If you are injured while cycling as the result of negligence by a car or motor vehicle driver, you may be entitled to make a cycling injury compensation claim.
Cyclists may suffer all variety of injuries as a result of road accidents:
Road accidents involving cyclists are often caused by motorists failing to see a cyclist. For example:
Here are some practical things you should do if you have cycling accident:
Depending on the nature of your injuries and the circumstances of the collision, compensation may or may not be available. You should always seek expert legal help to see if you are able to make a claim. See also:
It is always up to an injured cyclist to prove negligence on the part of the motorist. When determining who was at fault for an accident between a cyclist and a motorist the court considers:
The court recognises that cyclists are vulnerable on the roads and have less ability to avoid collisions than motorists. They also recognise that fault is rarely black and white, and more often than not 100% liability is not found against one party. Rather the court will usually apportion a percentage of liability to each party.
Non compliance with Queensland road rules by a cyclist or motorist is a relevant factor when considering the appropriate apportionment of liability, if it caused or contributed to the accident. Cyclists must observe basic road rules and must have mandatory safety equipment for protection and visibility. If a cyclist is intoxicated or fails to wear a helmet, a court will generally reduce their damages by about 25% for contributory negligence.
In Queensland, motorists are required to leave a minimum of 1 meter between their vehicle and a cyclist when passing at 60km/h or less or 1.5 where the speed limit is over 60km/h.
Examples: Fiona is travelling along the road adjacent to the kerb. A motorist is travelling in the right lane at slow speed looking for a park. The motorist sees a park and moves into Fiona’s lane without indicating, causing fiona to collide with the rear of the motorist’s vehicle. The court apportions liability 80/20 in favour of Fiona. A motorist is about to overtake Jeff who is cycling in the same direction on the road. At the last minute Jeff moves to the right without warning and the motorist strikes the back wheel of Jeff’s bicycle. The motorist attempts to take evasive action but is unsuccessful. The motorist is likely in breach of his duty of care by driving at an excessive speed, and travelling too close to Jeff. However Jeff is also at fault for moving to the right without warning. The court apportions 50% liability to Jeff and 50% to the motorist.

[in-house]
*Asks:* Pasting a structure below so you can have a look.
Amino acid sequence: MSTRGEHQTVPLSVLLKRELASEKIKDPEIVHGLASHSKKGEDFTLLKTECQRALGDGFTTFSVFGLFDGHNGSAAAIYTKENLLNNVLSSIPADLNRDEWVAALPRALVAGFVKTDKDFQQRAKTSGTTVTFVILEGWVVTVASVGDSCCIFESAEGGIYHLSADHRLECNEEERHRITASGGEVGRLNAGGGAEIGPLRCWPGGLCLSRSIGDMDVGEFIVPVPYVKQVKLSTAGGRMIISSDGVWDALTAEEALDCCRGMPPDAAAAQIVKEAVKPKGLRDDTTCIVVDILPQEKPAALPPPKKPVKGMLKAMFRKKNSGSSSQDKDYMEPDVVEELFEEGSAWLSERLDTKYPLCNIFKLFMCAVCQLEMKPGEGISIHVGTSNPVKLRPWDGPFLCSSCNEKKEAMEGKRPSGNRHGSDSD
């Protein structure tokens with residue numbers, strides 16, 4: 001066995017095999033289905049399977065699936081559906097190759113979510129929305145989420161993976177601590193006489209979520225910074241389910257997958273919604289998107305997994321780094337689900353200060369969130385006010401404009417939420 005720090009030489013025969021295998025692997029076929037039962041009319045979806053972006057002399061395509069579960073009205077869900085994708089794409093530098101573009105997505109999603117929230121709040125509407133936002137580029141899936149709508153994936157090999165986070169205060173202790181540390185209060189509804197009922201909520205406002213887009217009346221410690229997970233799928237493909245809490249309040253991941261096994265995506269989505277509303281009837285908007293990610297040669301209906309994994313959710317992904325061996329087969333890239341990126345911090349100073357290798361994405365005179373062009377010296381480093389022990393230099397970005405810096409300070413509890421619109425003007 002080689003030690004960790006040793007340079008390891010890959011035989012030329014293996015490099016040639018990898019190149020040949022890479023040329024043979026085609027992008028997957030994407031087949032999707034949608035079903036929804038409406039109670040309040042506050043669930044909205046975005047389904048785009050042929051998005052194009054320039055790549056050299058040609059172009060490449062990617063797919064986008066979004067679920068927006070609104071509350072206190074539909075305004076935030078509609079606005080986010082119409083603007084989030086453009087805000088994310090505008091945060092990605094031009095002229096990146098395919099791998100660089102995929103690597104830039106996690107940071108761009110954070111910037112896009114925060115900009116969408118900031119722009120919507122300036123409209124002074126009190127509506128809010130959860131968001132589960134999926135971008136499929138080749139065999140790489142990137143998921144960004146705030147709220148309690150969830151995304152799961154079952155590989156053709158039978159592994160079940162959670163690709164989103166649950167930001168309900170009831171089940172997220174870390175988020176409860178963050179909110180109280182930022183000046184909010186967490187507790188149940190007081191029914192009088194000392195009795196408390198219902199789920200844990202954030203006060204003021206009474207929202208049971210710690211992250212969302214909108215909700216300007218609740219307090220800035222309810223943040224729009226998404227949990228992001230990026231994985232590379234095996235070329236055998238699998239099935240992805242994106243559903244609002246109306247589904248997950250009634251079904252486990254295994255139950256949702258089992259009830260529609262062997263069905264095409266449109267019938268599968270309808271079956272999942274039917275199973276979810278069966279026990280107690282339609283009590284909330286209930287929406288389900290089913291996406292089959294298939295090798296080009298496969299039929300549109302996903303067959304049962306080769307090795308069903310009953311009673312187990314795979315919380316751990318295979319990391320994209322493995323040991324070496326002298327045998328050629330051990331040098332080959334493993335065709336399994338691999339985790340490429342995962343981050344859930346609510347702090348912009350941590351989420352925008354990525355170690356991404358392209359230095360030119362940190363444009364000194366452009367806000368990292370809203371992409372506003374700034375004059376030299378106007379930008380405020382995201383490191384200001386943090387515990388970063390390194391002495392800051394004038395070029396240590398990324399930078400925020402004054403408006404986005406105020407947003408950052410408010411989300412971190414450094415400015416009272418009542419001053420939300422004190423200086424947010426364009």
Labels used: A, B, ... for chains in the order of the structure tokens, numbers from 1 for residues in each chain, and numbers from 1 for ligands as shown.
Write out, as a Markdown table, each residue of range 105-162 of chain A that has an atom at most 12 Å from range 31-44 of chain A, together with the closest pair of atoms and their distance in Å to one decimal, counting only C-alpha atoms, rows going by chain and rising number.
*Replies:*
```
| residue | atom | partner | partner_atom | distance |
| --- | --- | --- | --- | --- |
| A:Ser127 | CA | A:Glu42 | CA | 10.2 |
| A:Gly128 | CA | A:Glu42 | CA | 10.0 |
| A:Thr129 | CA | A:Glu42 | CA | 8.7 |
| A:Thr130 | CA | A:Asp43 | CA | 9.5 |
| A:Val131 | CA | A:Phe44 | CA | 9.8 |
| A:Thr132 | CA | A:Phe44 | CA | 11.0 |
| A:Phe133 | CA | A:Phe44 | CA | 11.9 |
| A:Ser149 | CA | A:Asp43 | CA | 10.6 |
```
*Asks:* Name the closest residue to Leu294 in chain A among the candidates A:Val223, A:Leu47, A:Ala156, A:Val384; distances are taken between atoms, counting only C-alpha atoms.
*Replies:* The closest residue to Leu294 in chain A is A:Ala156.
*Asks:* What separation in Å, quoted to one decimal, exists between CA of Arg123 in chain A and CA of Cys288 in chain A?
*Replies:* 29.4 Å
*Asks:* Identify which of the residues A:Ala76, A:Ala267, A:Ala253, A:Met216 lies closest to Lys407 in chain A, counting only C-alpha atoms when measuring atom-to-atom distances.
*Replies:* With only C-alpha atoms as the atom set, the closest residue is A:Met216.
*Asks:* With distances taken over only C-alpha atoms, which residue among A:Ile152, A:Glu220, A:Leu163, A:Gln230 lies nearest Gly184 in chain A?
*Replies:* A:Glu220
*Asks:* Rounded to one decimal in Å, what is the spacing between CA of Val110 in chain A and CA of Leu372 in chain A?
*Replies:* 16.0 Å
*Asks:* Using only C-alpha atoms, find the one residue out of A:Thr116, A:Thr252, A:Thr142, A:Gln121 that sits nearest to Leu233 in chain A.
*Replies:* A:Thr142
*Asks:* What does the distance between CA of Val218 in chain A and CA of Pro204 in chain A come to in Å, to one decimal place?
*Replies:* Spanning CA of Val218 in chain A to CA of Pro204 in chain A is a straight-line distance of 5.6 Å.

Rick sustains serious injuries when he cycles through a red light and T-bones a motorist travelling across his path. Rick has no claim for compensation for his injuries because the accident was a result of him not complying with road rules and there was no negligence on the part of the motorist. A motorist proceeds into an intersection on a green light at approximately 60km/h, and collides with John, a cyclist who is wearing dark clothing and a black hat and whose bicycle is unlit. John has no claim for damages as his breach of road rules caused or contributed to the accident and the motorist was not negligent.
See Also: What does CTP Insurance Cover?
It’s important to get advice for your specific situation. Check if you can make a risk-free compensation claim and get free initial advice from our Principal lawyer, Greg Smith.
Find out the step by step process to lodge a CTP claim following a motor vehicle accident in Queensland. Read full guide now.
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